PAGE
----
responded with enthusiasm to the
idea.
"It seemed that at last there was a
project that would gather the many
threads of society and culture for the
basic human problems that the
project is aimed at solving," Wong
said.
Sarri said the need to assist im-
poverished youth is great. "One out of
four children in America live in pover-
ty. A majority of poor people in the
U.S. are children," she said.
JOHNSON and Woodruff haven't
had as much success rounding up
student volunteers as they've had in
recruiting big-name stars.
"The crux of the problem," Johnson
said, "is that the central thing has
been two law students barnstorming
the country and making national con-
tacts ... We've made big strides and
now we have to consolidate in Ann Ar-
bor. Right now we have a core group

of just six or seven graduate students
who are putting in a lot of time."
Jazz for Life has doled out two
projects to graduate school
professors. MBA students, under the
guidance of David Brophy, are
working on a budget, while Prof.
Mary Anne Watson's communication
class is putting together a video which

will describe the program. Sarri is
seeking child care programs in need
of financial assistance.
The group is looking for studentsrto
work ~on media relations, funding, ar-
twork, and securing performers.
Johnson said he is trying to secure
academic credit for students who
become involved.

HAPPENINGS
(Continued from Page 3)
University Club - Pre-game champagne all-you-can-eat-brunch, 10
a.m., University Club.
William L. Clements Library - Special exhibit, Mackinac Island,
"Furs, Fudge and Forts," 9 a.m., Clements Library.
Sunday
Highlight
The International Affairs Education Project will sponsor a talk on the
results of the Geneva summit tonight. Speakers include Daniel Axelrod of
the department of physics and the Union of Concerned Scientists, Joanne
Watson of the Detroit YWCA and Edward L. Palmer, executive director
of the Black Press Institute in Chicago. The forum will begin at 7 p.m., in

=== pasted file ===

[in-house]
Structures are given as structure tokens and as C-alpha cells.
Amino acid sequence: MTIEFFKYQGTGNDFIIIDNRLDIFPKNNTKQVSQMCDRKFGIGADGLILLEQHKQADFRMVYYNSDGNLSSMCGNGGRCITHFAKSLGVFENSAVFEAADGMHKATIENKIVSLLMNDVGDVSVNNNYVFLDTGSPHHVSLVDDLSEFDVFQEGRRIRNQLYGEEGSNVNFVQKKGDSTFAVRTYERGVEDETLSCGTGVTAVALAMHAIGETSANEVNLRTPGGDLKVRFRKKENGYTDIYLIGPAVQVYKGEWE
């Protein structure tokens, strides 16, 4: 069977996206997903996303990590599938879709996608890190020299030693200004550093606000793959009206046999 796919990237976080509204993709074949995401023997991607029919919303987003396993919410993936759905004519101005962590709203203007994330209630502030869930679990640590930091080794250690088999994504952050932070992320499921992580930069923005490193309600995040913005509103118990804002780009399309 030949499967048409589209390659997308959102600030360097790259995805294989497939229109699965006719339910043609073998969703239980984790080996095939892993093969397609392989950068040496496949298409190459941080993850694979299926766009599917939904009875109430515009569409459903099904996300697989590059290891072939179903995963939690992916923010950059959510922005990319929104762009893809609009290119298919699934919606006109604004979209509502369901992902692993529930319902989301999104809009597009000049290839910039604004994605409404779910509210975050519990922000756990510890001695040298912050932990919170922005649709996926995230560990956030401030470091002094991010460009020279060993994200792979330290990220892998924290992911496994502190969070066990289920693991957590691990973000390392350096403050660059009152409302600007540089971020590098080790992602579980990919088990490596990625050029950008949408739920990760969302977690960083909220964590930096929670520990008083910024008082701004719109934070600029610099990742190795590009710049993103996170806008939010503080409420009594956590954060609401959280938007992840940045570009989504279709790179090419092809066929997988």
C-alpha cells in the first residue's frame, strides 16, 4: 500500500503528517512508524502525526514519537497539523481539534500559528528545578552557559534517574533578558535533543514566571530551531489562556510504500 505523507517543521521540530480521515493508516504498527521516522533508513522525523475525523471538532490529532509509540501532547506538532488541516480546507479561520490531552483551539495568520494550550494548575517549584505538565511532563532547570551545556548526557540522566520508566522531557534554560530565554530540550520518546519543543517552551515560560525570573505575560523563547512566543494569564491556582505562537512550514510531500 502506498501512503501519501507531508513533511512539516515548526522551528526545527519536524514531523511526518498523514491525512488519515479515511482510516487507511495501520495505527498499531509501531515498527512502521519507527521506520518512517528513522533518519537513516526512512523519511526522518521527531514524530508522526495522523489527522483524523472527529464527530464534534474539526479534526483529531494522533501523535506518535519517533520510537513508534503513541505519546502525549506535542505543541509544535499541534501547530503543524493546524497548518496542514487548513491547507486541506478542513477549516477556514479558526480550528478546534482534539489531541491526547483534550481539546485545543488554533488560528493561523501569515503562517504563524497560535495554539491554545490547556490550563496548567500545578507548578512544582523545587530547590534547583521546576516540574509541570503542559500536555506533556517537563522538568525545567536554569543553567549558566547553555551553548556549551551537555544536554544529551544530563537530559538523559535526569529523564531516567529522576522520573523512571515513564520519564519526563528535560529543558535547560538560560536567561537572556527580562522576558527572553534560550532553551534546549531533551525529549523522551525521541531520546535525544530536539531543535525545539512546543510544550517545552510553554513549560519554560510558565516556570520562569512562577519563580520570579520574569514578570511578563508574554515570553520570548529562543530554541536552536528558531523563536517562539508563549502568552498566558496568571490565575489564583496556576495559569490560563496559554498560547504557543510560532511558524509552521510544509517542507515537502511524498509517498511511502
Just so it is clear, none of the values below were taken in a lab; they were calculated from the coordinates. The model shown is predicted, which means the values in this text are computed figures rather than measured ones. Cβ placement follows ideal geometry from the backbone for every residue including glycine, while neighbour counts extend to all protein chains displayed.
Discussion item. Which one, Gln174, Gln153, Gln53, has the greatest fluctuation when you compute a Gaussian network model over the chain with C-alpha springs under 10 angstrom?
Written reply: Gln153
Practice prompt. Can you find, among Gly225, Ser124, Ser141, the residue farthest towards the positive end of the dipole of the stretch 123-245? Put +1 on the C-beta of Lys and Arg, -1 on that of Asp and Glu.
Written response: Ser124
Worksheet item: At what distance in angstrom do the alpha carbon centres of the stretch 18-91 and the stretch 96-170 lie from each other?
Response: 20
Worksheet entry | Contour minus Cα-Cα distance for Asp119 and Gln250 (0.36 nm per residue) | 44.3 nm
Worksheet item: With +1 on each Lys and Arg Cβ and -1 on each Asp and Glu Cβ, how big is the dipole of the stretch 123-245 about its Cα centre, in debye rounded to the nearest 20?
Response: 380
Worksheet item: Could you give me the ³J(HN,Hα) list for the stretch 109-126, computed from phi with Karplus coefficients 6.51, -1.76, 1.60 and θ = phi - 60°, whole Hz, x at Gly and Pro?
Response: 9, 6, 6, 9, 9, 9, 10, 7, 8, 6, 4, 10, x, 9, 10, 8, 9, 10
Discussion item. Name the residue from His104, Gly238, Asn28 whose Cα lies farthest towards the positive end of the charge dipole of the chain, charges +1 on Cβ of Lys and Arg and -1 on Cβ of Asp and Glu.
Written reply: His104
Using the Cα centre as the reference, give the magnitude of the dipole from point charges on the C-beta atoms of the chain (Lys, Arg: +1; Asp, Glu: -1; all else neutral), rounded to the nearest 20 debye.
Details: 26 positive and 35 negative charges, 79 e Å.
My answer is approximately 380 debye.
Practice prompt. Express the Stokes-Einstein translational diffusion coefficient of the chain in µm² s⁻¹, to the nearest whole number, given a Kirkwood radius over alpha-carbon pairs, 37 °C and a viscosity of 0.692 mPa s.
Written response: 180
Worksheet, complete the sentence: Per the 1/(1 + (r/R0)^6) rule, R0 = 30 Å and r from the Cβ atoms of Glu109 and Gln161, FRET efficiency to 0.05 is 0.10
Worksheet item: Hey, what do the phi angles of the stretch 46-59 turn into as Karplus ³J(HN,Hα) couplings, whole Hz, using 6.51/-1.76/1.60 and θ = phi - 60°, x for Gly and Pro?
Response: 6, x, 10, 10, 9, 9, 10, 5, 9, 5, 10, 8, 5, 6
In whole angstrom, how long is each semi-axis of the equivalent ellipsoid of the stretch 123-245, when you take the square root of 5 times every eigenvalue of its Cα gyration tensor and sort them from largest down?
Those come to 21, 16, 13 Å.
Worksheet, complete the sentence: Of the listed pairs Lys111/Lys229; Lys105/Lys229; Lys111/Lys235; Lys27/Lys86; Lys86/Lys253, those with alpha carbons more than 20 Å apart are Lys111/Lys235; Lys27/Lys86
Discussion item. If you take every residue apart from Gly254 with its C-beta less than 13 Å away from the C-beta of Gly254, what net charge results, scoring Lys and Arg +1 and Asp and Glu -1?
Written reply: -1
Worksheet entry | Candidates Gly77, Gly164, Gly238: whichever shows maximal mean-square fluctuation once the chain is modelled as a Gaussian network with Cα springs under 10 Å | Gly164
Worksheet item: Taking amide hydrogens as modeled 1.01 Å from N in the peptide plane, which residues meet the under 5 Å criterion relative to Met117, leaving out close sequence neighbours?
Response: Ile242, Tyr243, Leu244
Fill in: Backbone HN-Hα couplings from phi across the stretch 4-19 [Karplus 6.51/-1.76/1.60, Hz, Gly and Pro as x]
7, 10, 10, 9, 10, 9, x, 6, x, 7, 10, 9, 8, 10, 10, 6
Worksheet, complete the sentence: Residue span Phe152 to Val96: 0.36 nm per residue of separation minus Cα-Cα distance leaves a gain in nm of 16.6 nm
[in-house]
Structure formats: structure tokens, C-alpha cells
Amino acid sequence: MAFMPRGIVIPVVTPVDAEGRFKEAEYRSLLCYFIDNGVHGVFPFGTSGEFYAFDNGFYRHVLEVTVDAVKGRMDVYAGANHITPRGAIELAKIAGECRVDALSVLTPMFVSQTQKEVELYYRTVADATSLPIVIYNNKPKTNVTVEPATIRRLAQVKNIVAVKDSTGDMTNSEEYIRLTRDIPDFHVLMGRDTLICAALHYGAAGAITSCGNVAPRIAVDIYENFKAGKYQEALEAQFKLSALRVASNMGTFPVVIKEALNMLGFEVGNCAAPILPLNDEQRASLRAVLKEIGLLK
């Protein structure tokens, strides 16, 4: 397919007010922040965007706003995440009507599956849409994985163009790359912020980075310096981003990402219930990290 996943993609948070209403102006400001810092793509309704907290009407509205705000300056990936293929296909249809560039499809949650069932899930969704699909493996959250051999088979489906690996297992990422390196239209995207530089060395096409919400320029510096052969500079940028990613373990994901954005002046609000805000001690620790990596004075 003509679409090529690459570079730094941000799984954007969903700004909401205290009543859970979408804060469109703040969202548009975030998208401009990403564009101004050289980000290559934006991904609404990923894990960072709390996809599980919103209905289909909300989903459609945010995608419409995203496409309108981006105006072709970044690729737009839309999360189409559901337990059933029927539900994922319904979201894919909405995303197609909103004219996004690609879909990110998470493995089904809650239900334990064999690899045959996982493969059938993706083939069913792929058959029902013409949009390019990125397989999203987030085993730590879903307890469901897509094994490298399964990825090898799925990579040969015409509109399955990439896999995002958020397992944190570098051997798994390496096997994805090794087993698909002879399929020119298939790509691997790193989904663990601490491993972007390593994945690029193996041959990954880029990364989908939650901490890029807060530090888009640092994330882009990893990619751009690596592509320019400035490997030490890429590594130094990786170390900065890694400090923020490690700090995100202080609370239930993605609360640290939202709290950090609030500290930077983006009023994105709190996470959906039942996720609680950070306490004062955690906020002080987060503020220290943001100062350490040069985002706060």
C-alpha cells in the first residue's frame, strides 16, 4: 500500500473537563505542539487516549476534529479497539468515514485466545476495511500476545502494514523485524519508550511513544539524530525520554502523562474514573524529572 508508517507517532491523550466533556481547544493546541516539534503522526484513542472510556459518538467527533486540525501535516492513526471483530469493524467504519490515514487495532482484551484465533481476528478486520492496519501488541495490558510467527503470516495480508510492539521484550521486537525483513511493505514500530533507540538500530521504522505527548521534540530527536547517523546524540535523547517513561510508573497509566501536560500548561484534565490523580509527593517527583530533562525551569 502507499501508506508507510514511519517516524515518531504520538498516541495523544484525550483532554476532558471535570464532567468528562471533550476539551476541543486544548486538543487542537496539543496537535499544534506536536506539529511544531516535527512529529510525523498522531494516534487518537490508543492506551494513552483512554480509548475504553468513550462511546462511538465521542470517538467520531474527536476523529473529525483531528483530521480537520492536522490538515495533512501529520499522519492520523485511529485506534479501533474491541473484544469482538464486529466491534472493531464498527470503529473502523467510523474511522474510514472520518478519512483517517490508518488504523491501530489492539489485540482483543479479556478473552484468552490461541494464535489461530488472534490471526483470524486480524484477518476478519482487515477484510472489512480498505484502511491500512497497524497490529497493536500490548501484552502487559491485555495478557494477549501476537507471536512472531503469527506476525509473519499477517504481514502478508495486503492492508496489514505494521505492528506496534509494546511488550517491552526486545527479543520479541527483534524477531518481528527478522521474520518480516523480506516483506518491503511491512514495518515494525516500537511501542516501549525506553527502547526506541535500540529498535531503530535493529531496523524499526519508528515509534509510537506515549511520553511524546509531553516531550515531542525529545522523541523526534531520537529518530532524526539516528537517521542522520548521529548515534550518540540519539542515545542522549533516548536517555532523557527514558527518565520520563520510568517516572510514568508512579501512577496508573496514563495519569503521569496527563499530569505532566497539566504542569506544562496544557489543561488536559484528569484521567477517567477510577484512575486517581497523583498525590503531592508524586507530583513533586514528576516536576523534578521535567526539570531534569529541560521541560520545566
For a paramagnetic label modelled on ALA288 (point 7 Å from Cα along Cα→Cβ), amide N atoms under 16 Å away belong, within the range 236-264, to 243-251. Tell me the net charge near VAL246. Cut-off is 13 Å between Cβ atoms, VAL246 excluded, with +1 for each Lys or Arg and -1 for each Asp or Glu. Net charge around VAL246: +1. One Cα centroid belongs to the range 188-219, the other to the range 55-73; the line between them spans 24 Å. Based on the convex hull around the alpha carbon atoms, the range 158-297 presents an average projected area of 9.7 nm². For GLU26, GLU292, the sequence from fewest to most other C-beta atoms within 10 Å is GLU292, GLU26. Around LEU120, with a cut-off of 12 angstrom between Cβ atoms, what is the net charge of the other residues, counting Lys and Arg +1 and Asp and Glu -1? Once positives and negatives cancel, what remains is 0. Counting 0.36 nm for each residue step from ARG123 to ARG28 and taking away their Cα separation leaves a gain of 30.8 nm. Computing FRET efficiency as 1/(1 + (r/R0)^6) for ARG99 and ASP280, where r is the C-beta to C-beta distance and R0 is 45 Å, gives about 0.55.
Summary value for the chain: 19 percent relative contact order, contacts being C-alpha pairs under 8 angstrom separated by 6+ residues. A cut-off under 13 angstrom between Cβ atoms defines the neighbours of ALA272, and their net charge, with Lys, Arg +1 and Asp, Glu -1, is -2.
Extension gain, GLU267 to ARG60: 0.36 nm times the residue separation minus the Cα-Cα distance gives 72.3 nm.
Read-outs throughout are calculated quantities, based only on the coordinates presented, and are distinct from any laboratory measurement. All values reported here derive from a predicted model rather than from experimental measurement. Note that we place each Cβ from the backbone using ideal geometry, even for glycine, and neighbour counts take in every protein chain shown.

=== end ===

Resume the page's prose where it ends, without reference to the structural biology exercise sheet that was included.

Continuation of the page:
the Pond room of the Union.
Films
Alternative Action - Question of Silence, 7:30 & 9:30 p.m., Aud. A,
Angell Hall.
Chinese Student Assoc. - Aces Go Places, 1 p.m.; Actresses Behind the
Stage, 3 p.m., Aud. A, Angell Hall.
Cinema Guild - Saturday Night and Sunday Morning, 7 p.m.; Look
Back in Anger, 8:40 p.m., Natural Science Bldg.
Hill StCinema - Wooden Gun, 7:15 & 9 p.m., 1429 Hill St.
Mediatrics - African Queen, 7:30 p.m.; Caine Mutiny, 9:30 p.m., MLB
4.
Performances
Ark - Tom Chapin, 8 p.m., 637 S. Main.
Ann Arbor Symphony Orchestra - In concert with youth soloist, 3:30
p.m., Michigan Theater.
Performance Network - Sticks and Bones, 8 p.m., 408 W. Washington.
School of Music - Opera, Cosi fan Tutte, Mozart, 2 p.m., Mendelssohn
Theater, University Players, Marathon 33, Patricia Boyette, director,
Trueblood, 2 p.m.
School of Music - Faculty Recital, Michigan Chamber Players; Per-
cussion Ensemble, Michael Udow, conductor, 8 p.m., Vocal Arts Theater;
Trombone recital, Jeff Ballast, 2 p.m., Recital Hall; Violin, Timothy Ed-
wards, 4 p.m., Recital Hall; Double Bass, Ma.
School of Music - Michigan Chamber Players, 8p.m., Rackham Aud.
University Music Society - New Philadelphia String Quartet, 4 p.m.,
Rackham Aud.
Speakers
Women's Action for Nuclear Disarmament - Arthur Vander, "Com-
mon Sense and the Prevention of Nuclear War," 7:30 p.m., 1679 Broad-
way.
Meetings
Alpha Phi Omega - 7 p.m., Michigan Union.
Miscellaneous
Hillel - Israeli folk dancing, 7:30 p.m., 1429 Hill St.
His House Christian Fellowship - Dinner, 6 p.m.; Bible study, 7 p.m.,
925 E. Ann.